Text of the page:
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Tributes To Popular Pianist Eric Buxton

Thursday, July 4th, 2013

A well known pianist who played in Derby pubs and clubs for 50 years has died, aged 88. Eric Buxton had a “love for entertaining people” and spent many hours playing the piano and organ.

His family have spoken of his exceptional talent. Daughter Shelley Hassall said: “He was a very well-known pianist and organist in Derby.

“He really loved music and had a great interest in it.”

Mr Buxton was born in Derby in 1925 and grew up in Powell Street. He attended Bemrose Grammar School before leaving at the age of 16 to work at Derby’s LMR railway.

“He worked there as a clerk,” said Mrs Hassall. “He worked in the control office all his life until he retired at the age of 59. “It was highly confidential work as he was directing the trains during the war which carried ammunition and the soldiers.”

His love for music was discovered when he was growing up.

Mrs Hassall said: “He had music lessons but he never took any exams. He was so talented.”

His first audience was at St Augustine’s Church, in Normanton, where he played in religious concerts. And it was while playing here that he met Beryle, whom he later married at the church on June 18, 1949.

The couple had two children, Shelley and Julie, and were married for 48 years. Mrs Buxton died in 1997.

Mrs Hassall said: “Dad would play the piano and mum would sing. “He would play war songs and traditional pub songs, even the more current music like Tom Jones’ Delilah.

“Because Dad worked as a clerk, he was not very well paid. He played to supplement our income so we could go on holidays to Cornwall and have a car. But it was something that he loved.

“Whenever we had family get-togethers he would always play the piano. “It was part of his life.”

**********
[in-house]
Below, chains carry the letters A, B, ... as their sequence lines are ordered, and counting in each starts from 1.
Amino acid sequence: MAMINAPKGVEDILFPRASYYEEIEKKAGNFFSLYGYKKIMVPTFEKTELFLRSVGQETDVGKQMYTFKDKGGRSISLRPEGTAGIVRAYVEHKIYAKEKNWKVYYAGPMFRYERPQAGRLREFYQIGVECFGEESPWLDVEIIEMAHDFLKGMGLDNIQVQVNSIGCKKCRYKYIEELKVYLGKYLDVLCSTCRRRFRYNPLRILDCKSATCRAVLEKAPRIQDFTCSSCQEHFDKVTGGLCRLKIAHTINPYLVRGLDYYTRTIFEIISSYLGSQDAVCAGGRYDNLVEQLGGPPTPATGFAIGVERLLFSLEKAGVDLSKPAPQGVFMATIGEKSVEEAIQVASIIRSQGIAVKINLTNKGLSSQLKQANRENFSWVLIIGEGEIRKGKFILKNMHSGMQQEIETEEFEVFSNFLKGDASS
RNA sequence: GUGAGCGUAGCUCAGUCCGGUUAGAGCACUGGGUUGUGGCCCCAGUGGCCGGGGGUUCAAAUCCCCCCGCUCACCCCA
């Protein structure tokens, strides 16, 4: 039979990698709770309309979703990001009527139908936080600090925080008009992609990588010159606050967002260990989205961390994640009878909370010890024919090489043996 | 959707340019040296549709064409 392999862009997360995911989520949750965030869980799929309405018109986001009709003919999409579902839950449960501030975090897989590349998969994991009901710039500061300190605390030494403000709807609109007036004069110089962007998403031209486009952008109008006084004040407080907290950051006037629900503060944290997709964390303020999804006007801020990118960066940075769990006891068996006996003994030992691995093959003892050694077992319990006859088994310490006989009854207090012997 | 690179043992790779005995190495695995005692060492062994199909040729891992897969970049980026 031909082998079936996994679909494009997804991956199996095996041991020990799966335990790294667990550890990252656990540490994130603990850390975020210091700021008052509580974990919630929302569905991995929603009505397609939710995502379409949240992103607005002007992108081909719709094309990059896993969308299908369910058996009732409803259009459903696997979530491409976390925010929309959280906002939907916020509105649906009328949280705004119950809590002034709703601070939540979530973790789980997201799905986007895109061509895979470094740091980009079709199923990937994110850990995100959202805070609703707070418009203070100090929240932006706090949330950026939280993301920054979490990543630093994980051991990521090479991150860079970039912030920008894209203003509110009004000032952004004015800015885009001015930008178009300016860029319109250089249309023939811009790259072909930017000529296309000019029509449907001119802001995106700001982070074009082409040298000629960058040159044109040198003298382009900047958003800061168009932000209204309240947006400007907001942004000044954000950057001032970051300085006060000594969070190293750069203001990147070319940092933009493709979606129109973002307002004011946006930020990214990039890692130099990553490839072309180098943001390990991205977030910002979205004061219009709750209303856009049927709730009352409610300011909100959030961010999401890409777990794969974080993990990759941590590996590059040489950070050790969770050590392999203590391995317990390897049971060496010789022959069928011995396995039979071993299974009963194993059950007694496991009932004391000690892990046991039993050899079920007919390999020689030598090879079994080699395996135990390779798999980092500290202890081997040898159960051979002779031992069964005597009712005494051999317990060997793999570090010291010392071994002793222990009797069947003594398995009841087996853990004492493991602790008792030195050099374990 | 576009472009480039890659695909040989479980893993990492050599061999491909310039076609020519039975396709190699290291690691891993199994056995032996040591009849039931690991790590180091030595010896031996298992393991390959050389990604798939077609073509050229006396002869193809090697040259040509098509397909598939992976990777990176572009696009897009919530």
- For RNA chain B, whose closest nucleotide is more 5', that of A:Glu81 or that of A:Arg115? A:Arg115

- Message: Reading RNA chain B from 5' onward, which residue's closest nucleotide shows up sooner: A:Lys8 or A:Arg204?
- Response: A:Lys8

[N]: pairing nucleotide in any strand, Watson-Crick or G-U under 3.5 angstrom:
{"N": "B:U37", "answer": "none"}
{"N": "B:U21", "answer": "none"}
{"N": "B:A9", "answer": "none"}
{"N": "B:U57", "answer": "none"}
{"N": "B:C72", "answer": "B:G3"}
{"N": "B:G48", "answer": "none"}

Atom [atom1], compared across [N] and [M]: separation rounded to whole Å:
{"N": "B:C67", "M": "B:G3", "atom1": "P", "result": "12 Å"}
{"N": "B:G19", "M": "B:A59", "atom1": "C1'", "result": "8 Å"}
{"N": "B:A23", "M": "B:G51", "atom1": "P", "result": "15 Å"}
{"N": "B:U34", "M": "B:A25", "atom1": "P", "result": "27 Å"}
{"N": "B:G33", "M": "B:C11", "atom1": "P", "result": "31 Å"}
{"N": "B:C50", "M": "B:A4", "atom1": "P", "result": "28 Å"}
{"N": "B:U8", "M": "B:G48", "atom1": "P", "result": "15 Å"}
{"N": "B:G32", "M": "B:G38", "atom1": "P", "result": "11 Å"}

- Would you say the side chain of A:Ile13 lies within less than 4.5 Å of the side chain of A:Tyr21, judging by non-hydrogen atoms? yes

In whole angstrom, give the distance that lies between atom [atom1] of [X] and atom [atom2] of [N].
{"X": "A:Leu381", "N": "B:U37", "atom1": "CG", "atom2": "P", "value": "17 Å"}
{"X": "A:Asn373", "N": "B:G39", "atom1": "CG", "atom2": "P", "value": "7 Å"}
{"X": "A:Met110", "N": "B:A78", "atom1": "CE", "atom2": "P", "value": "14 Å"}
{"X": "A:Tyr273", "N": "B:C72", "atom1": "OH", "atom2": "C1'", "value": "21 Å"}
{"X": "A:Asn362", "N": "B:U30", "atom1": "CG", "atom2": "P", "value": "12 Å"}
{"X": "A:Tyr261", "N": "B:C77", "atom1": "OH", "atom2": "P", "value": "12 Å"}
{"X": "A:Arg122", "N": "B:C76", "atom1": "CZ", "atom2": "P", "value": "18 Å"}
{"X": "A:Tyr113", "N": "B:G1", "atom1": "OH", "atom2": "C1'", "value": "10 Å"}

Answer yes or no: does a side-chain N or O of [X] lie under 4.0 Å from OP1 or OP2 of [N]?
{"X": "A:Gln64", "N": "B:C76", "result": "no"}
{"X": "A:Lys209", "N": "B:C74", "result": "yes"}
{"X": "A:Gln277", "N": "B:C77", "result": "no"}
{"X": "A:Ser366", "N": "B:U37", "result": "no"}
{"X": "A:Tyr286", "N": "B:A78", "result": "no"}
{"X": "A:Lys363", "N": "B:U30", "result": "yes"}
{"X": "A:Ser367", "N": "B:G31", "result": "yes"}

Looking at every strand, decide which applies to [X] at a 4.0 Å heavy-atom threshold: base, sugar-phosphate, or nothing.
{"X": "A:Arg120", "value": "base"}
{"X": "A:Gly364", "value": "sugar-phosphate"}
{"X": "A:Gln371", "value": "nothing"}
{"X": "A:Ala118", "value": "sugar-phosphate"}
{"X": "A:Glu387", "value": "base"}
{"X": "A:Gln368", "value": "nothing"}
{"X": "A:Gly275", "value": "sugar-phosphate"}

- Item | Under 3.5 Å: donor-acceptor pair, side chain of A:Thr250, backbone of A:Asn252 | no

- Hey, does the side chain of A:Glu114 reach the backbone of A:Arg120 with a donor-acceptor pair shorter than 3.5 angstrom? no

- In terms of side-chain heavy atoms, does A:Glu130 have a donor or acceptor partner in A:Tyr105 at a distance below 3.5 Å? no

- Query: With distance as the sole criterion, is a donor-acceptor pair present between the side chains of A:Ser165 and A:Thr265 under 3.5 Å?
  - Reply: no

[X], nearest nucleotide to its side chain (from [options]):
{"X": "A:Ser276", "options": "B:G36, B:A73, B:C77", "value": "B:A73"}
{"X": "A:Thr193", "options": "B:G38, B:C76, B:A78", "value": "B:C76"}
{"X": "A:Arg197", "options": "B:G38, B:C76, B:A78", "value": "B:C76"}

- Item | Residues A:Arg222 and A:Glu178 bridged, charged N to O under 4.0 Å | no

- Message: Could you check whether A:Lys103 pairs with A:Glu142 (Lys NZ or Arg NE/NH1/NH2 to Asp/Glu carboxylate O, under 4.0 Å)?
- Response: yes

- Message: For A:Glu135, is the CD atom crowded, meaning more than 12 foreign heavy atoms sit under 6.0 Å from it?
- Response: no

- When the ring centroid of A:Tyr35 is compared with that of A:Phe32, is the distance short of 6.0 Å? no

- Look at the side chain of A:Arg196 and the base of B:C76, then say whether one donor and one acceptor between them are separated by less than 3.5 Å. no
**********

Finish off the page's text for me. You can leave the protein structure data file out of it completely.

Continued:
Mr Buxton played at many pubs and clubs in Derby, including The Bell and Castle and The Half Moon, in Burton Road; Ye Olde Spa Inn, in Abbey Street; The New Inn, in Wyaston; and The Robin, in Mickleover.

And on Sunday evenings he played the organ at the Keir Hardy social club for people who were ballroom dancing.

Mr Buxton was also a finalist in the Pub Pianist of the Year competition twice in the early 1980s.

Mrs Hassall said: “His claim to fame was playing for comedian Arthur Askey when he appeared at the Pennine Hotel, in Derby, in the late-1970s.

“He had a tune which he came out to called the Bee Song. It was very hard and Dad had to learn to play it. “I remember him being very nervous but he did brilliantly.”

After Mrs Buxton’s death, the family moved to Cornwall. Mr Buxton moved there in the summer of 1999. He continued playing the piano until his late-70s at pubs in Cornwall.

Mrs Hassall added: “My dad was the dearest, kindest family man. He was a generous man and we all miss him so much.”

Mr Buxton also leaves six grandchildren and three great-grandchildren.

He died at Penzance Hospital from chronic obstructive pulmonary disease.



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